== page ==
Not all cops are created equal. I have a friend, who’s a cop (hard to believe, I know), and he rarely arrests folks on drug charges. His form of justice involves escorting the citizen to the nearest toilet and flushing the drugs into our water system. Mercy is out there, believe it or not. But, if you’re reading this, my guess is that you weren’t so lucky.
Now, not everyone involved in law enforcement has as much mercy as my cop friend. Loss prevention officers, for example, seem to have the least mercy in their souls of anyone in law enforcement (yes, I’m assuming things like “mercy” and “souls” actually exist, a philosophical debate for another day–but such a debate will be over the strenuous objection of my web people, who complain that I get off the legal track too easily, and thus make their optimization efforts more difficult. Oh well).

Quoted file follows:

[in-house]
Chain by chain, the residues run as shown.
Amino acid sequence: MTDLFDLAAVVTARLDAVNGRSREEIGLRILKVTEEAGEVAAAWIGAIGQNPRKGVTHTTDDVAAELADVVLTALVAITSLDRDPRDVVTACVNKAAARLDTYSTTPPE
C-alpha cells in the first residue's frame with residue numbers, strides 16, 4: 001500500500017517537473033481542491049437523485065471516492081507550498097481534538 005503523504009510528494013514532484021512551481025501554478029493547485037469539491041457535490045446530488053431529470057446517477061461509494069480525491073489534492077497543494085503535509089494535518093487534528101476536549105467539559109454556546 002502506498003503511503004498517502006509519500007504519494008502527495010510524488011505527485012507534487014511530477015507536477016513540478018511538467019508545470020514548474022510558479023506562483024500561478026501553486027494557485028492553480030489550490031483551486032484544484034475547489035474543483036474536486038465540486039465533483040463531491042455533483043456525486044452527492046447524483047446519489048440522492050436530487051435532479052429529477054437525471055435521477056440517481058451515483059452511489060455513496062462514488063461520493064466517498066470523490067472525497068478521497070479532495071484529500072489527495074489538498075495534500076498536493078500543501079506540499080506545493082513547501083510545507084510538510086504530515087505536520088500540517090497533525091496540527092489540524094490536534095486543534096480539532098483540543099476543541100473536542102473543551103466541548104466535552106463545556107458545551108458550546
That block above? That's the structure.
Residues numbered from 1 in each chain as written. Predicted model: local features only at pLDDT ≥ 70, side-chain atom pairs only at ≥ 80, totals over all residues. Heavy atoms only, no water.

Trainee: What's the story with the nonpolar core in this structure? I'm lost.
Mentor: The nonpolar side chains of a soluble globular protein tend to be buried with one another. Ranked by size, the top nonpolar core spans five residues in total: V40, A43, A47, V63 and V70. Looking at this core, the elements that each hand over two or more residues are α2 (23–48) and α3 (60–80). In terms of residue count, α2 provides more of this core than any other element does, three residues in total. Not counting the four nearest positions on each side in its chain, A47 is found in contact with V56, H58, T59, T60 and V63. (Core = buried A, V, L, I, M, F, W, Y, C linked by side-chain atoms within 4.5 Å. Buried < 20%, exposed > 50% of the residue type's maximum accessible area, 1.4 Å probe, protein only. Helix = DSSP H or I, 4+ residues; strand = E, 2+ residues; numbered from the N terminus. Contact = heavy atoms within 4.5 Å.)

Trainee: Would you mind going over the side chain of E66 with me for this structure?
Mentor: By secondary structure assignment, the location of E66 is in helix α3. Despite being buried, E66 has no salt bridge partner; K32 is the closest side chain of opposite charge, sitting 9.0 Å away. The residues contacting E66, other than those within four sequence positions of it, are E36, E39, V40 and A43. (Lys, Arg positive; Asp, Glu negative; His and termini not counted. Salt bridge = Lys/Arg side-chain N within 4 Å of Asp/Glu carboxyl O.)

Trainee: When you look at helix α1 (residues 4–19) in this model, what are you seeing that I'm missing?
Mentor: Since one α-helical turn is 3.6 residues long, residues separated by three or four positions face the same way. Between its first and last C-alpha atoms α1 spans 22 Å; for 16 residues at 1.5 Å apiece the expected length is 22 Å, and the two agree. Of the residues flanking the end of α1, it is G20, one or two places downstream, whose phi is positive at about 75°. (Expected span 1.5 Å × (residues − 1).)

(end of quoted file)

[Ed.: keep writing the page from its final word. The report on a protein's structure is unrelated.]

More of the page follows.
Why are loss prevention officers so eager to stick it to shoplifters? . First, Dr. Phil would probably say that loss prevention folks somehow missed their calling as true blue police officers. In other words, they have a chip on their shoulders. Now, a chip on your shoulder can be a good thing, look at that quarterback that was drafted #199 in the sixth round back in 2000–he’s doing ok (I’m not a Patriots fan, but you have to love a sixth round pick beating the crap out of the 198 players picked above him. Anybody who’s had that awkward feeling of being picked next to last in gym class knows what I’m talking about). For whatever reason, shoplifting patrol people decided that the 12 weeks of police academy was just too academically rigorous, and this tends to make them a bit more harsh than the legitimate police officers they call once they’ve caught a shoplifter. Case in point: I had a client who was detained for shoplifting, and she really really needed to use the restroom. She begged loss prevention for a bathroom break, but this only made loss prevention delay further–to the point where she urinated all over herself. Loss prevention laughed about it, and invited comrades into the back room for an extended gawking session. Talk about wanting to die! As a defense attorney, you need only see this sort of thing a few times to start questioning what went wrong. Continue Reading